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New Learning Styles Educate Veterinarians
MISSISSIPPI STATE -- While many students complain that their instructors give them problems, at Mississippi State University's College of Veterinary Medicine, carefully designed problems are the basis of the curriculum.
A unique style of learning goes beyond typical classroom instruction and teaches students to become independent learners with problem-solving skills. The first two years of the four-year veterinary curriculum at MSU are founded on problem-based learning, or PBL.
Dr. Wayne Groce, director of the CVM's Office of Special Programs, said the college's first exclusive PBL class entered in 1993. These students will graduate this spring.
PBL presents students with real-life problems and creates an active, student-centered learning environment.
"PBL is primarily a way to address the information overload facing veterinary students," Groce said. "There is so much material available in these fields and students are taught where to go for information rather than having all the information in their heads.
"The problem-solving aspect is also very important," he added.
With problem-solving skills, veterinarians can deal with situations not yet encountered in practice or class, Groce said.
"PBL forces students to interpret data, apply veterinary medical knowledge and learn new information as they solve case problems," Groce said. "This prepares them for all areas of veterinary practice, including food animal production medicine."
Groce said there is a shortage of food animal veterinarians to serve the livestock, poultry and aquaculture industries. Most such veterinarians come from a farm background, which represents less than 3 percent of the U.S. population. Of the 55,000 current members of the American Veterinary Medical Association, only 1.4 percent are exclusively in food animal practice.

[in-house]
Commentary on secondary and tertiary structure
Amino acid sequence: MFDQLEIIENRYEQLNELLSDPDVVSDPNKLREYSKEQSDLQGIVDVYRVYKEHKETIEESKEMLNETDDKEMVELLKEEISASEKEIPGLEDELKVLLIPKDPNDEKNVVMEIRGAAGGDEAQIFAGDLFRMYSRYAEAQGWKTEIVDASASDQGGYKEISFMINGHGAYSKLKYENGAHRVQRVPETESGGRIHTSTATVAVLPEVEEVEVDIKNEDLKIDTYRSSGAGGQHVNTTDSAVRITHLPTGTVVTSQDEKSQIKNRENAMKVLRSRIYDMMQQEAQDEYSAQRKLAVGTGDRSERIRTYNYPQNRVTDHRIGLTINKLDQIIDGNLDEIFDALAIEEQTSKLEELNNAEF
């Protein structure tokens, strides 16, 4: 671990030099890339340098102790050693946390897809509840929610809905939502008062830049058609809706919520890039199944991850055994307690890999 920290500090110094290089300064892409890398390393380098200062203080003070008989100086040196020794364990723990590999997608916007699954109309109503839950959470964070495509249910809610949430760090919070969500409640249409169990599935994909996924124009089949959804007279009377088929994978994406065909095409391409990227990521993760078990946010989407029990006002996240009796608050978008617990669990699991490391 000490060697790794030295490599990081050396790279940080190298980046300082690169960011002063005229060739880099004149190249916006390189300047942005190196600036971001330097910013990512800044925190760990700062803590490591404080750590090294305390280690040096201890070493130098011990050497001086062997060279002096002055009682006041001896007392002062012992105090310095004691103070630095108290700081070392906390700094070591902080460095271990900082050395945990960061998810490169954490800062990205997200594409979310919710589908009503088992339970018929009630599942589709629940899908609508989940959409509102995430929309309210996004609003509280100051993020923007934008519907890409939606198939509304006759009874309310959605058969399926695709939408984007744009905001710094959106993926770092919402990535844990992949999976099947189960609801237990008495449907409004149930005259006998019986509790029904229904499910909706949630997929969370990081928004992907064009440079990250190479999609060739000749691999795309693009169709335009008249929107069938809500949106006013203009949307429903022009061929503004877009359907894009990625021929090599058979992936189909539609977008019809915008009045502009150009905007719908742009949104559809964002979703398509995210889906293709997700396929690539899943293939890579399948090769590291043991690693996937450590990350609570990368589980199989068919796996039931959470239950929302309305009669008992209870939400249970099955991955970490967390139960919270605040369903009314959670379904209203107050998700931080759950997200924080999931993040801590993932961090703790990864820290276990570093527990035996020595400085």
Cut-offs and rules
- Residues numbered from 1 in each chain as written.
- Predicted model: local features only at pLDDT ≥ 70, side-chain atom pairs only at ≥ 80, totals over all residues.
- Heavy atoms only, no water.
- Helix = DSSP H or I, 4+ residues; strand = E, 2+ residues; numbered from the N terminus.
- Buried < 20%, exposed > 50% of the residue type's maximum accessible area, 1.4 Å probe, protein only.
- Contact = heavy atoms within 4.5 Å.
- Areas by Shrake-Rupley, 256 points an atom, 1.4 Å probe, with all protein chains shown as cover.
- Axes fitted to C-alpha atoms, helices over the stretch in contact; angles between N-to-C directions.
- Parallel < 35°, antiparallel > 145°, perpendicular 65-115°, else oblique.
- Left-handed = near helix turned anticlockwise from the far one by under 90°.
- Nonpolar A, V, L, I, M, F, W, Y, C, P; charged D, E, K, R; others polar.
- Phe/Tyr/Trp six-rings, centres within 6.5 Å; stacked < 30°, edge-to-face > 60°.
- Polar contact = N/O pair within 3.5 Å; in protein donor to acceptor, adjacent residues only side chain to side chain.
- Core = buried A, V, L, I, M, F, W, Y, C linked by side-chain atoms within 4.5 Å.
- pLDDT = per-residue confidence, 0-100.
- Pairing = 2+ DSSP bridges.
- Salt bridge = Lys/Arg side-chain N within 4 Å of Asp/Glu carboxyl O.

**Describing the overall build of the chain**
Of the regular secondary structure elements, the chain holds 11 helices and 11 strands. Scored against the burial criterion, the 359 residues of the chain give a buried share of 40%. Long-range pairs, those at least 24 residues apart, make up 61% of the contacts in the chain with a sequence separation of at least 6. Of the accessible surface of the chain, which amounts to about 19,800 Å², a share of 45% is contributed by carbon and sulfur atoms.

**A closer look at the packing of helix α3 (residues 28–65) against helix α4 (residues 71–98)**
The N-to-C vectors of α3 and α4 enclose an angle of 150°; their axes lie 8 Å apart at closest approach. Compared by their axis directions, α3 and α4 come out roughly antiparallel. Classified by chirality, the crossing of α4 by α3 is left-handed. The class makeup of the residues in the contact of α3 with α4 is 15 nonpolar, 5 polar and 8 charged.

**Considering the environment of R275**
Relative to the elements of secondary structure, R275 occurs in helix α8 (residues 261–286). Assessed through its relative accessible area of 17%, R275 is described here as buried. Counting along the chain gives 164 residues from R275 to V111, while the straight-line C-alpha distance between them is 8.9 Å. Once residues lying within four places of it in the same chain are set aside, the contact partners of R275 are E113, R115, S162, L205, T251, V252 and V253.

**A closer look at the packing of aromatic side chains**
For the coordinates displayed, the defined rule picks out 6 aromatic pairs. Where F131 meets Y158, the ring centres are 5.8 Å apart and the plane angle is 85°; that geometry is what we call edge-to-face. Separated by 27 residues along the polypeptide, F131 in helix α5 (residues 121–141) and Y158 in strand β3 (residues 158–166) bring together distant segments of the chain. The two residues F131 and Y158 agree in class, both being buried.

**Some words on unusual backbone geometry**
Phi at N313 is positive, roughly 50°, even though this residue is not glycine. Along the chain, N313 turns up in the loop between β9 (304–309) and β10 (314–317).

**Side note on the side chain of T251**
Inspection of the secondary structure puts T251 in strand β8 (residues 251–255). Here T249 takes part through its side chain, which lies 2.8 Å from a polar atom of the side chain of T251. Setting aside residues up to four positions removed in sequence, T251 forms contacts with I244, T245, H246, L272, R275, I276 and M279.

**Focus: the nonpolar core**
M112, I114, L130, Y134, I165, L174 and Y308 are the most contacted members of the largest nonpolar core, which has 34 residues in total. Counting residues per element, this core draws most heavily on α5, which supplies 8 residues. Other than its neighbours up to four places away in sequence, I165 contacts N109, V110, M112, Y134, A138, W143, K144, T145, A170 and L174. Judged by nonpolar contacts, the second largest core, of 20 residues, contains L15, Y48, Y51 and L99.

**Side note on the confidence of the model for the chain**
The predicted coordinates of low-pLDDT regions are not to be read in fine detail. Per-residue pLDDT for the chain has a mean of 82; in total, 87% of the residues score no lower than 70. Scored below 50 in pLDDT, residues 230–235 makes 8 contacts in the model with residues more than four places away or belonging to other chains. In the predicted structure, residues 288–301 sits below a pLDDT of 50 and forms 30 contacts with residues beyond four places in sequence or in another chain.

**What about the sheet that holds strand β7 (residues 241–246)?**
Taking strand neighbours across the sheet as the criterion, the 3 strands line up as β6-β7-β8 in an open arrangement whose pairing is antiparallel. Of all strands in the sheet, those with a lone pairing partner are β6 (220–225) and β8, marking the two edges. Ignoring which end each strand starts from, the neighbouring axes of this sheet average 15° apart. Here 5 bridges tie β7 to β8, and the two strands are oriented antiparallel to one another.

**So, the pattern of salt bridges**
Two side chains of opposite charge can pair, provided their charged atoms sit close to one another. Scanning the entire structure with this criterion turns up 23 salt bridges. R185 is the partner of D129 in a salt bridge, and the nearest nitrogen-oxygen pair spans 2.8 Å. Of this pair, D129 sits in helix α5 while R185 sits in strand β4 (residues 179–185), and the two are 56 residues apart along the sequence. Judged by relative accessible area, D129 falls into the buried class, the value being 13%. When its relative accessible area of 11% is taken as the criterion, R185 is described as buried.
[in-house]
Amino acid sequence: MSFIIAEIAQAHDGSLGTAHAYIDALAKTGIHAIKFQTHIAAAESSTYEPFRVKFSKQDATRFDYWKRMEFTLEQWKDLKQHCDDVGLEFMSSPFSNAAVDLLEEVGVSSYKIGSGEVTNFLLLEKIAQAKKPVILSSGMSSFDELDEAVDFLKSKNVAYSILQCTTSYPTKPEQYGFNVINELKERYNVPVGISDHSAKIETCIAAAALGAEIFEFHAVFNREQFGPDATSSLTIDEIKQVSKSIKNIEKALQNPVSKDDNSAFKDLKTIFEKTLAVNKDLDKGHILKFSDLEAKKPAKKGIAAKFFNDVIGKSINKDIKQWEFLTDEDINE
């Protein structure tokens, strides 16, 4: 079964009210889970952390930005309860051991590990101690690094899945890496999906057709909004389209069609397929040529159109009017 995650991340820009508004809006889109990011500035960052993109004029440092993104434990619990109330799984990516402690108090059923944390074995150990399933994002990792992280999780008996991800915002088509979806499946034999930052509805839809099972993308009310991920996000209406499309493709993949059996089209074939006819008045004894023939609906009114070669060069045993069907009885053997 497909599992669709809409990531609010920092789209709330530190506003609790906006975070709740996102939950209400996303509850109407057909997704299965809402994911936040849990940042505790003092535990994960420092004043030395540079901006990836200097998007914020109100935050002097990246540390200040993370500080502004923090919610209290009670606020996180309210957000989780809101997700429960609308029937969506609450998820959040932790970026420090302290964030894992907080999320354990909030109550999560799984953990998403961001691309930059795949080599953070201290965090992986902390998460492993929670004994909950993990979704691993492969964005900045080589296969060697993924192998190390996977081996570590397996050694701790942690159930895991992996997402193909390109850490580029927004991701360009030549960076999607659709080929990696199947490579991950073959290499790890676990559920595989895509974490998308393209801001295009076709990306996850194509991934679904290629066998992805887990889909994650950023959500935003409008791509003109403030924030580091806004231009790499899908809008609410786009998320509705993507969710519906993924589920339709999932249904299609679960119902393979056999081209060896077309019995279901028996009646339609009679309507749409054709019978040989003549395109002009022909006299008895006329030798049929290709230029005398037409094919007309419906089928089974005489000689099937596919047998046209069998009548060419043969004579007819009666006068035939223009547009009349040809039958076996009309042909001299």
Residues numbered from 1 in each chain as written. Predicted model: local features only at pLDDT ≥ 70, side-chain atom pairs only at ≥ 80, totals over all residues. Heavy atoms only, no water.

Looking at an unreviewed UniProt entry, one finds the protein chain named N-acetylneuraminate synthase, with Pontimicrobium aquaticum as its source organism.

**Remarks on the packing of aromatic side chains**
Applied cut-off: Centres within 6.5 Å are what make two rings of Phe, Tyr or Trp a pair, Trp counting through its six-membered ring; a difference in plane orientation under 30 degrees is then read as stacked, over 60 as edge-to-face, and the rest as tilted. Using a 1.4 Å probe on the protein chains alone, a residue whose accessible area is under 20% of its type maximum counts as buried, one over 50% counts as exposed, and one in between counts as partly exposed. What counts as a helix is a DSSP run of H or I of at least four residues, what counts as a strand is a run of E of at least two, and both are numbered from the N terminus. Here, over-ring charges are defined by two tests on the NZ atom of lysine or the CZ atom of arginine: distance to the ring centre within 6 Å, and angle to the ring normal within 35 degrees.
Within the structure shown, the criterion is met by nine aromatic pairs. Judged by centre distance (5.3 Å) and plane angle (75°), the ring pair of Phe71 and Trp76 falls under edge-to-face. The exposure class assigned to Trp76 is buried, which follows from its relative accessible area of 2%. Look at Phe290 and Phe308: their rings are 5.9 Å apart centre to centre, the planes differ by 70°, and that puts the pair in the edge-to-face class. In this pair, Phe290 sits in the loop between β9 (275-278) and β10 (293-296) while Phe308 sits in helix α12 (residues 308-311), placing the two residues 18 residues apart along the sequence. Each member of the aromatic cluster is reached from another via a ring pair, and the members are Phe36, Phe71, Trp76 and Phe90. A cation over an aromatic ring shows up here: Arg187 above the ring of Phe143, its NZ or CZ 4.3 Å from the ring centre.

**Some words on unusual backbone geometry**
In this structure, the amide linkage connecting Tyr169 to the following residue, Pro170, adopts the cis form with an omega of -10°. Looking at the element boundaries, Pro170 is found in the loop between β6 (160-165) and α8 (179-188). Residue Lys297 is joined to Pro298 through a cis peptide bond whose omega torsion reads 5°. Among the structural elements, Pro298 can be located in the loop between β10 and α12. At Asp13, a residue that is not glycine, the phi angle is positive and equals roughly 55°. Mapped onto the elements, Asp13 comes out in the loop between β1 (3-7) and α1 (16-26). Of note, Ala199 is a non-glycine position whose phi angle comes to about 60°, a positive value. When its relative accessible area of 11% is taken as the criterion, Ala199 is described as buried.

All veterinary students spend most of their first two years at MSU in small PBL groups -- along with some traditional classes and labs. Junior and senior years are spent in on-campus clinical rotations and off-campus externships getting hands-on experience.
MSU differs from traditional veterinary programs which offer three years of classroom lectures and labs with limited tracking and specialization. Traditional senior year programs provide clinical training and maybe one to two months of externships.
At MSU's veterinary college, faculty members lead small PBL groups in two-hour sessions three times a week. Students leave these with a list of issues they must explore independently before proceeding with the problem at the next session.
Since 1987, the third year in the curriculum is spent doing clinical rotations, as juniors assist faculty in the college's teaching hospital. Rotations include equine, food animal, community practice, surgery, radiology, anesthesiology and more.
Veterinary students spend their senior year doing externships with established practices and institutions around the nation and world. Students set these up with facilities that operate in a field the student would like to learn. Students complete six to eight of these four-week externships in their senior year.
"Not only do externships provide valuable real-life experience, they also allow potential employers to see the student at work," Groce said.
Included in the senior year is a 12-week period students spend at MSU taking specialized classes. Among the topics offered are intensive care, pharmacy and professional development.
Although PBL is the heart of the curriculum at MSU's veterinary college, Groce said not everyone likes the system. PBL requires a style of learning unlike most of the students' previous educational experiences. Initially, some students are uncomfortable not attending lectures, taking tests and doing other routine classroom activities.
"It can be a real trial to some until they get used to it," Groce said. "But once they master the technique, they become lifelong learners."